Garth Hudson's Belongings Sold Off at Garage Sale

Ex-Band musician had failed to pay rent for seven years

Garth Hudson
Alberto E. Rodriguez/Getty Images)
Garth Hudson
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The Band's Garth Hudson saw some of his belongings sold off this weekend by his landlord in a Kingston, New York, garage sale after failing to pay rent on his loft space for about seven years, the Times Herald-Record reports. The multi-instrumentalist, most-known for his organ and keyboard playing, kept the space for storage. He stored everything from personal possessions and household items to handwritten sheet music, and among the goodies are uncashed checks, including one issued from EMI in 1979 for $26,000.

Hudson originally moved into the 2,000-square-foot loft in 2002 after his house was foreclosed on, but later reduced his space and moved twice. Mike Piazza, owner of the loft Hudson occupied, said rent checks from Hudson stopped six months after he moved in. Though Piazza tracked down Hudson's representatives in Canada and the U.S., managing to secure some installments from them and Hudson himself, the payments weren't lasting. Piazza estimates the unpaid bill to be between $60,000 and $70,000 over the past 11 years.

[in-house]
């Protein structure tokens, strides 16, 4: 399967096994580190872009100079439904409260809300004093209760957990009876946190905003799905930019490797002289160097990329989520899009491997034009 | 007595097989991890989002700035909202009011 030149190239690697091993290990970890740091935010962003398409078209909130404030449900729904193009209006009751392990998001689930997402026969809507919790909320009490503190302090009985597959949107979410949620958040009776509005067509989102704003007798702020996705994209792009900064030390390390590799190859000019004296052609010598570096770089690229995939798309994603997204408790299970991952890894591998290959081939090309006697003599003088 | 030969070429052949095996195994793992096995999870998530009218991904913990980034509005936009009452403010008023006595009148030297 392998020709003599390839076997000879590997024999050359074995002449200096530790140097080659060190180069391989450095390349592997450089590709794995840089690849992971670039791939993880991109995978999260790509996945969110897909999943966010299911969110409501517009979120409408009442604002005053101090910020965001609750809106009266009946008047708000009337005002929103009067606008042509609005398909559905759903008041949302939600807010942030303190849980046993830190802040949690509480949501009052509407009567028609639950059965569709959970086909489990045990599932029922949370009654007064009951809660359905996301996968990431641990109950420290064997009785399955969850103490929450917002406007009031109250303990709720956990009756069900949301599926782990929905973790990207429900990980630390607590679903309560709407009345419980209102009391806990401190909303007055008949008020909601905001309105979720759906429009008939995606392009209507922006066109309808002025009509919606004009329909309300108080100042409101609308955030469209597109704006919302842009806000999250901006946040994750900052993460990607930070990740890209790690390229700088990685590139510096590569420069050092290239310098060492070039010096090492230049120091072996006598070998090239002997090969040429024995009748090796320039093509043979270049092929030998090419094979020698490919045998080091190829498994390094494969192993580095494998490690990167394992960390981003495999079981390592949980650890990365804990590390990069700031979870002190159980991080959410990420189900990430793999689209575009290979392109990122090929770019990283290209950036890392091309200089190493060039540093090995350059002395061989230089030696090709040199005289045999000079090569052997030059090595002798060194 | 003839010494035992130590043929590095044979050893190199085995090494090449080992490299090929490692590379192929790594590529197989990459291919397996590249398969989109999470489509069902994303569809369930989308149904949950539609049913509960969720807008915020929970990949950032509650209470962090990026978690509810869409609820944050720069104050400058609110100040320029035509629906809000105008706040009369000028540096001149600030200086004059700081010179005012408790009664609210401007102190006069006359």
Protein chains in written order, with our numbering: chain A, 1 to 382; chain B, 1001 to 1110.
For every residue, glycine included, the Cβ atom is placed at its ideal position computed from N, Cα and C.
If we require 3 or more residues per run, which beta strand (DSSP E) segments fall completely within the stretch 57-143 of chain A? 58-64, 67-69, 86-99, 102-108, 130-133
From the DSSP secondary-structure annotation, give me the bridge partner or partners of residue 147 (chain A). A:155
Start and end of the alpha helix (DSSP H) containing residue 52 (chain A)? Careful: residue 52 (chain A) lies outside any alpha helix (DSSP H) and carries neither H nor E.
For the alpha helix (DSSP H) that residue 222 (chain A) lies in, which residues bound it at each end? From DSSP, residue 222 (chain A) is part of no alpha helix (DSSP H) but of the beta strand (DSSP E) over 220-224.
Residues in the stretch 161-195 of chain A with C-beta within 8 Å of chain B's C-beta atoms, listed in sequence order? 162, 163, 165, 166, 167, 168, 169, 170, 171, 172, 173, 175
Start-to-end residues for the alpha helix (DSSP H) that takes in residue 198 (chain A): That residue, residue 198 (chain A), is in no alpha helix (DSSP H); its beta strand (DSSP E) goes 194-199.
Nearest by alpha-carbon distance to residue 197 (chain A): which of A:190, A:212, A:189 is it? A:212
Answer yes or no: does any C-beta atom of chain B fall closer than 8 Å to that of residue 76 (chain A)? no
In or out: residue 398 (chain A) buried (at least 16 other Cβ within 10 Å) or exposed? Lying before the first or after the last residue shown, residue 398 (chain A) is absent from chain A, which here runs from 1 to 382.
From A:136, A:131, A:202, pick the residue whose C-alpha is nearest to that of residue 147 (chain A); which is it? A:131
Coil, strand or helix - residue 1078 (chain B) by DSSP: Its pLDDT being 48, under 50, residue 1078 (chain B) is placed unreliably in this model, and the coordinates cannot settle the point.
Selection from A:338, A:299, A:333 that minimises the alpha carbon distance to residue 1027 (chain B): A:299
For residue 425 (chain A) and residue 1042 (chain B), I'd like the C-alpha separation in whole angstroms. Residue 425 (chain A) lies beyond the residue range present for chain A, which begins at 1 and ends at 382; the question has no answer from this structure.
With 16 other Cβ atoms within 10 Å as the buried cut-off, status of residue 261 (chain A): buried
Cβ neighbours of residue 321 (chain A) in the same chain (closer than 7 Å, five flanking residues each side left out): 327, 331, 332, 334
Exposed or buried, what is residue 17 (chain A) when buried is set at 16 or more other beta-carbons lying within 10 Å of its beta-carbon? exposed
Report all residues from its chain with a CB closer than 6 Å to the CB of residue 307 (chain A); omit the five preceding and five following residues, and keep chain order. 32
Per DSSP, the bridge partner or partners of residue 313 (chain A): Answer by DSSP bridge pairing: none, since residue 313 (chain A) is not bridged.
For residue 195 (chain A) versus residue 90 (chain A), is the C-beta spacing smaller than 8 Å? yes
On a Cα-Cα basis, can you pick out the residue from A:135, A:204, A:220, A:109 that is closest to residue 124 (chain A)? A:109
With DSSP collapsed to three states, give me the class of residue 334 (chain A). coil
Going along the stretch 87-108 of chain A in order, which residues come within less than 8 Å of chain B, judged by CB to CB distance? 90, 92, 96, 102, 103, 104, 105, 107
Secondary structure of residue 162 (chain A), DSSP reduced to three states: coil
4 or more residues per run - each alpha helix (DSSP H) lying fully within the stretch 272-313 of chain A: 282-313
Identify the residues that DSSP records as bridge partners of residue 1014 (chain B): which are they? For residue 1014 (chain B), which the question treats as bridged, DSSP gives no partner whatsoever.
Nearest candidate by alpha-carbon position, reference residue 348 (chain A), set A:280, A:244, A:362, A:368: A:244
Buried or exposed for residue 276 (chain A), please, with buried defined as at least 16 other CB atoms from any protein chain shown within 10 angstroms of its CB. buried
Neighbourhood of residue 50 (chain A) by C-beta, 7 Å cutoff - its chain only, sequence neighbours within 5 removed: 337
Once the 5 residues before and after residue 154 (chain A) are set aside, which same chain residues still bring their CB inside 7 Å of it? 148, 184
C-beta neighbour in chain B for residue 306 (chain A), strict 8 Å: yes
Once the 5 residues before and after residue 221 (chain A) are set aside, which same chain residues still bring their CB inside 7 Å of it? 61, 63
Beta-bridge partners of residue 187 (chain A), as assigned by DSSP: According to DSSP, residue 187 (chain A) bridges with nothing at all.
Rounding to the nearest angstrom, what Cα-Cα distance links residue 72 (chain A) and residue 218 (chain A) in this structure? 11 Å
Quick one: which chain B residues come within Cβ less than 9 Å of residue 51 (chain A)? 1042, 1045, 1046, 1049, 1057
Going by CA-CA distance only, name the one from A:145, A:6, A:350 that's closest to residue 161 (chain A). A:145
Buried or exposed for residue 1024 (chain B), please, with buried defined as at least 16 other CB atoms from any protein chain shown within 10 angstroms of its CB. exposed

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Piazza had also attempted to partner with Hudson's former bandmates Robbie Robertson and the late Levon Helm to sell the items as a fundraiser, but Piazza said neither showed interest. The History Channel program American Pickers also made offers to Piazza but Piazza and the show's producers were unable to reach Hudson's lawyers for clearance.

Hudson's Facebook page had a note to fans encouraging them to attend the garage sale and purchase items to allow Hudson to buy them back. "We were told everything there was sold," read the note. "We were not seeking funds, but were asking purchasers to allow us to reimburse them for what they bought as we were not on premises ourselves."

Piazza maintains it's either sell the items or lose out on a sizable chunk of rent. "My intent was just to get rid of it," he said. "I'm a real estate person, not a collector." He has already made an agreement with an online auction company to sell off the music-related items on April 1st. As for the fans, they're already on it: one woman bought Hudson's household items and personal belongings for a few thousand dollars with the apparent intention to return them to him.

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